April 19, 2017
A jury of 11 women and three men were selected shortly after noon Wednesday in the Brendan Creato murder case.
The trial will begin at 9 a.m. Thursday with opening statements in Courtroom 42 of the Camden County Hall of Justice before Superior Court Judge John T. Kelly.
Philadelphia lawyer Richard J. Fuschino Jr. will speak on behalf of defendant David "DJ" Creato, Brendan's father, 23.
Creato is charged with killing his three-year-old son to further his romance with his then-17-year-old girlfriend, Julia "Julie" Stensky.
Stensky, named as a potential witness, and Creato exchanged more than 9,000 messages. A Pace University student in New York at the time of Brendan's death on October 13, 2015, the Feasterville, Bucks County resident frequently expressed resentment of the child, according to prosecutor Christine Shah.
Shah will make the prosecution's opening statement, which is expected to center on Stensky's dislike of Brendan and DJ's jealousy, captured in the text messages. She will also likely outline the unlikelihood that the boy walked alone in the dark to where his body was found – while his socks stayed clean.
Neither Fuschino nor Shah made any comments once the charge to the jury was made.
The panel was dismissed for the day at around 12:30 p.m.
Hundreds of potential jurors were assessed over two days to select the 14 jurors.
After trial testimony is concluded, likely near the end of May, two jurors will be designated as alternates and the remaining 12 will decide the case.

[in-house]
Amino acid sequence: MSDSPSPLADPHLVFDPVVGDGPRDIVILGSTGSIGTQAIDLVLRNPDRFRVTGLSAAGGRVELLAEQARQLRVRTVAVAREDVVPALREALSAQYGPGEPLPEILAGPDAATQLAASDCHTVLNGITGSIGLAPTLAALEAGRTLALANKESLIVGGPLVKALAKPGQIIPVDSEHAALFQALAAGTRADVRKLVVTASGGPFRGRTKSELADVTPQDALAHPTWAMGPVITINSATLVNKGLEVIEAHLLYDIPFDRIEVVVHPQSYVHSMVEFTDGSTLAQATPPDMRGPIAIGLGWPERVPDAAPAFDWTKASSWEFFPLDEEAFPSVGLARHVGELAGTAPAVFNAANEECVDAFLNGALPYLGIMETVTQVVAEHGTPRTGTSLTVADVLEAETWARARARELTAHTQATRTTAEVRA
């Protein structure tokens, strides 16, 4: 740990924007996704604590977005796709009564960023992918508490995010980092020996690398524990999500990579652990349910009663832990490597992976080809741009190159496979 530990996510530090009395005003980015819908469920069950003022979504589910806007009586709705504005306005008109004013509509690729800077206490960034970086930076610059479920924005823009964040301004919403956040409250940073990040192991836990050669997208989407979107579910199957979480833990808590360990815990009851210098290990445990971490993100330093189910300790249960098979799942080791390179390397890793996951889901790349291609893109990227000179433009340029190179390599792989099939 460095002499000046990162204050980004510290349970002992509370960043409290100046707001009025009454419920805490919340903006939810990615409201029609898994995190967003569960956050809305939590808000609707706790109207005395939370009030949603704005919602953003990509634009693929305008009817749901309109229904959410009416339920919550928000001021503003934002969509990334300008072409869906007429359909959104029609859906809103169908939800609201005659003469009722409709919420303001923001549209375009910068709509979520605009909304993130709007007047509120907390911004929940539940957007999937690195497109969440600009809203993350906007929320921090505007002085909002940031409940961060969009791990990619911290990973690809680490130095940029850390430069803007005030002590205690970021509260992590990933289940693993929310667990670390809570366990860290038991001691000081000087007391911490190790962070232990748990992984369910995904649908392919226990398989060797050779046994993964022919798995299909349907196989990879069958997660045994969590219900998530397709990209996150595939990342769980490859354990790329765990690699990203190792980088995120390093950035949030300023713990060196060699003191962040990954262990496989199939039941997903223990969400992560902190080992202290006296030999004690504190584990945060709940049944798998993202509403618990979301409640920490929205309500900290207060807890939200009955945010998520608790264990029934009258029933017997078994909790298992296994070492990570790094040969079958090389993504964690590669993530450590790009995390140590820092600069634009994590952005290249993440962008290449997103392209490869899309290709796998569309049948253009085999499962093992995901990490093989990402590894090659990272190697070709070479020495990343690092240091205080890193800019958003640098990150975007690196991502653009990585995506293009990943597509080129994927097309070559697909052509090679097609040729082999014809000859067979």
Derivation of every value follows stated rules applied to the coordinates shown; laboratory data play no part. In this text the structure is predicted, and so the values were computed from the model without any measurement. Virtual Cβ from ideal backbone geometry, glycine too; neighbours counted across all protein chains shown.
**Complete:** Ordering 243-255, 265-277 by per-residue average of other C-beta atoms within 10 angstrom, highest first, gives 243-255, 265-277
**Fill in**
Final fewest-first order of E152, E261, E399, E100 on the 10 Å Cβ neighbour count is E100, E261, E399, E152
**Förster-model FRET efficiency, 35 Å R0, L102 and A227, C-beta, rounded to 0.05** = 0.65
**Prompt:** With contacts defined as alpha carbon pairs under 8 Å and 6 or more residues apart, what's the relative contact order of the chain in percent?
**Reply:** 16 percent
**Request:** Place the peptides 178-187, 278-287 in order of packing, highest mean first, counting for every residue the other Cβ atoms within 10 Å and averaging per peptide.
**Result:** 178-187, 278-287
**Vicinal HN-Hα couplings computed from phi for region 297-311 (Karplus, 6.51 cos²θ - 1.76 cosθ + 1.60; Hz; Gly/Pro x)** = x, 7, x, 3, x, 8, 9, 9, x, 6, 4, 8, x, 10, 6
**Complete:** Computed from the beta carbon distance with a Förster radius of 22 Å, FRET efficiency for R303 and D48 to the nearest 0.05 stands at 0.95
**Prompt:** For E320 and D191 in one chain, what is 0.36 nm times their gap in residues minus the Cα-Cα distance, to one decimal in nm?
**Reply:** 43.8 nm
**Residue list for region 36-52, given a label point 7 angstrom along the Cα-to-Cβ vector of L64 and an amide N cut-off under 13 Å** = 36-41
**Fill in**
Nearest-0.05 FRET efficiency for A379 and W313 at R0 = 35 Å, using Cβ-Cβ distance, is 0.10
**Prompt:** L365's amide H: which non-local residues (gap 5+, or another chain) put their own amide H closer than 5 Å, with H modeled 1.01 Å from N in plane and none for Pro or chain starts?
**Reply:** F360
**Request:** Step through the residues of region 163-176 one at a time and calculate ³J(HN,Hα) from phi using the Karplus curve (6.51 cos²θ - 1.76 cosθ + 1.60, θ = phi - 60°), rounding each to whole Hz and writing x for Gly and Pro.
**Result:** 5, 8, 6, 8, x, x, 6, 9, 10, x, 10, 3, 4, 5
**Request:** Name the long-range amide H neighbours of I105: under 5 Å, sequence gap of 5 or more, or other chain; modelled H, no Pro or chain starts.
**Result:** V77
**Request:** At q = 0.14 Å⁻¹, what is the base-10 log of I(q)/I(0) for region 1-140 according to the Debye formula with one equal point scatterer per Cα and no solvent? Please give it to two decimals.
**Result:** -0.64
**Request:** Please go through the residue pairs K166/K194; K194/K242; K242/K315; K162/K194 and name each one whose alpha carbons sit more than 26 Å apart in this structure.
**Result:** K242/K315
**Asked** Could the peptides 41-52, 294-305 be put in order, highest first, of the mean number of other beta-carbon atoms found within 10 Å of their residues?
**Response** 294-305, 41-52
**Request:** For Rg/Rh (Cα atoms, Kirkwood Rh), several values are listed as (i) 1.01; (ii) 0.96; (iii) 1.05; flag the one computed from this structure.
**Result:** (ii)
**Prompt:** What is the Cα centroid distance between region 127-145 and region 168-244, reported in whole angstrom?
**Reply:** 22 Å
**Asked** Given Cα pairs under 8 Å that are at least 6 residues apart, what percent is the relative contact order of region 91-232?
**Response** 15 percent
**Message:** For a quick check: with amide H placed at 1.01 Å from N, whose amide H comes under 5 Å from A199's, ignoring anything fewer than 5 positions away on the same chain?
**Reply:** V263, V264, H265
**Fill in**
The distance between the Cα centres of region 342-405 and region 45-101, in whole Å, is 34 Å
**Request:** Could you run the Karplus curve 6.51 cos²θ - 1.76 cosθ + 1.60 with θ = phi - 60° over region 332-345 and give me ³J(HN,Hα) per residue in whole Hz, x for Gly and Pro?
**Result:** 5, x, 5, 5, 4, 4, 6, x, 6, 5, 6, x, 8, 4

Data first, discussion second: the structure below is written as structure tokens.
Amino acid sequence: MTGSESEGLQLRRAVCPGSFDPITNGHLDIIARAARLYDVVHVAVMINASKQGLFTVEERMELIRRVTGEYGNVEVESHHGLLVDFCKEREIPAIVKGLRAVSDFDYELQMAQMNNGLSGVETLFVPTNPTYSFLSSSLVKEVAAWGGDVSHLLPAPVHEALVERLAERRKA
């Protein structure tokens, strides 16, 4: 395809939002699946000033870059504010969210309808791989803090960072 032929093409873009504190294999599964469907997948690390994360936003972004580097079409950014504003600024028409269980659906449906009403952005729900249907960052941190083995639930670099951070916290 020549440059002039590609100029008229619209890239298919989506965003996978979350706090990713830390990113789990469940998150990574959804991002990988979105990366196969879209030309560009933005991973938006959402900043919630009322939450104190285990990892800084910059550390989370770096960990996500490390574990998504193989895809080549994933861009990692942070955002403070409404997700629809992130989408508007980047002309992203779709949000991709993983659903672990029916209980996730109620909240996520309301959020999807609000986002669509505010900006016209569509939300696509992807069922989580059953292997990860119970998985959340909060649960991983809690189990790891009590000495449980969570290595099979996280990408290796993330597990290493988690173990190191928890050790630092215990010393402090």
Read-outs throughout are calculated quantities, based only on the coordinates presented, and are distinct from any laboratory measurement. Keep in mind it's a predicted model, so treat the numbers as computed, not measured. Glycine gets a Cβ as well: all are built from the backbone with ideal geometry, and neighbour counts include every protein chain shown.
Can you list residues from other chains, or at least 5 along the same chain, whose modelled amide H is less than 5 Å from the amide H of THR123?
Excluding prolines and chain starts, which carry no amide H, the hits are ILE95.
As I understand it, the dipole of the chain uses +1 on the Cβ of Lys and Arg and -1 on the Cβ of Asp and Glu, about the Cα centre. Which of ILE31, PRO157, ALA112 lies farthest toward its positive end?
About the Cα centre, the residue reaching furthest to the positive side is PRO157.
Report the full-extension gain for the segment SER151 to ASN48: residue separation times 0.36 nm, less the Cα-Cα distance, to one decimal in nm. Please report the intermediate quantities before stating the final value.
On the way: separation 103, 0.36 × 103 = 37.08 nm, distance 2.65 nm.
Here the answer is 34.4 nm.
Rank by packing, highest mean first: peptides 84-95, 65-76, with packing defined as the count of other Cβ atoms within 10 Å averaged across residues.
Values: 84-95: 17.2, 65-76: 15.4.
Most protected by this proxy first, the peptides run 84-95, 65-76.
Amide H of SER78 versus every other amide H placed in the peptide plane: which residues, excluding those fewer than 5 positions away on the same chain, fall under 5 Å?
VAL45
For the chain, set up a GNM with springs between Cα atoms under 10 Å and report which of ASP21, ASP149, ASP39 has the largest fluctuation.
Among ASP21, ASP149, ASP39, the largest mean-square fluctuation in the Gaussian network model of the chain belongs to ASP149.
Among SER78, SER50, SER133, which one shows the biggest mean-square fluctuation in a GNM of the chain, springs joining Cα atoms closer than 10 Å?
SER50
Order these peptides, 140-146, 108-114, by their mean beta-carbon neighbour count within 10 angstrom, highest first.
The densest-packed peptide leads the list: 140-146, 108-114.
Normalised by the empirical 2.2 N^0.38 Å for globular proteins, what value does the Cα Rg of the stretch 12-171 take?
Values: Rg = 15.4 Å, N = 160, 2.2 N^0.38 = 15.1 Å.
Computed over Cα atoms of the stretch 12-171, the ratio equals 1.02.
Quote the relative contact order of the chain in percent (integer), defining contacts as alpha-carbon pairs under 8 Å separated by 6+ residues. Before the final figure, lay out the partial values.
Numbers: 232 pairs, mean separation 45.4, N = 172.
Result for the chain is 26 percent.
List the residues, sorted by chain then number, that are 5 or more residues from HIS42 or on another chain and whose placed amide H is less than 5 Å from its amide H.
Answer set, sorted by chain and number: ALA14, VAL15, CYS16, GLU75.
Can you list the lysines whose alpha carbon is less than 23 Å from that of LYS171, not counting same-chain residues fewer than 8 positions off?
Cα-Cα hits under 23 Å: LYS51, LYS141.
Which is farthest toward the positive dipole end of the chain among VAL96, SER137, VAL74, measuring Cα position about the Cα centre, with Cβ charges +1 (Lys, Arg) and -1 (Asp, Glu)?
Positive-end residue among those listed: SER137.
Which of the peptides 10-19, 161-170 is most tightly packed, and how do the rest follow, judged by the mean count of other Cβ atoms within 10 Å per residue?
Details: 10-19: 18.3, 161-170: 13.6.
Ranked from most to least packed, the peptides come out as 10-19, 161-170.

Shah has called it a strong circumstantial case; there is no DNA evidence nor any apparent eyewitnesses.
The father and son lived in a second-floor apartment in the Westmont section of Haddon Township,
The boy's mother, Samantha DeNoto, shared custody and lived elsewhere, but Brendan was in the care of his father on the evening of Columbus Day, Oct. 12, 2015.
Around 6 a.m. the next morning, DJ Creato called 9-1-1 to report his son as missing.
During the emergency call, on which his DJ Creato's mother, Lisa Creato, is heard in the background, the father suggested the toddler, who slept on a sofa in the living room of the apartment, may have let himself out and wandered away.
A community-wide search concluded around 9 a.m. when a police dog handled by a Delaware River Port Authority corporal caught the boy's scent and found his body in a stream flowing toward the Cooper River.
The child was stomach down on a rock, his arms and legs dangling into the water, his head turned to one side, his hair damp on one side. He wore only clean white socks on his feet.
The creek is in Cooper River Park, just a bit more than a half mile from the apartment.
Shah has tentative approval from the judge to take the jury to the scene where the body was found.
She is expected to tell the jury the child could not have made the trek alone in the dark, and get there without dirty socks.
After three autopsies of Brendan Creato's body proved largely inconclusive as to precisely what caused the boy's death; it was "homicide, etiology unknown" ruled Medical Examiner Gerald Feigin. Investigators returned to the small stream soon after the three autopsies and attempted to replicate conditions when Brendan died.
They even had a child of about Brendan's size don white socks to approach the creek. They also studied water levels; the stream rapidly rises and falls depending on precipitation.
A fallen tree and a large memorial display in Cooper River Park were removed last Saturday, in apparent anticipation of the possible jury visit.
The judge has not said when he might grant final approval for the scene visit or precisely when the trip would be scheduled.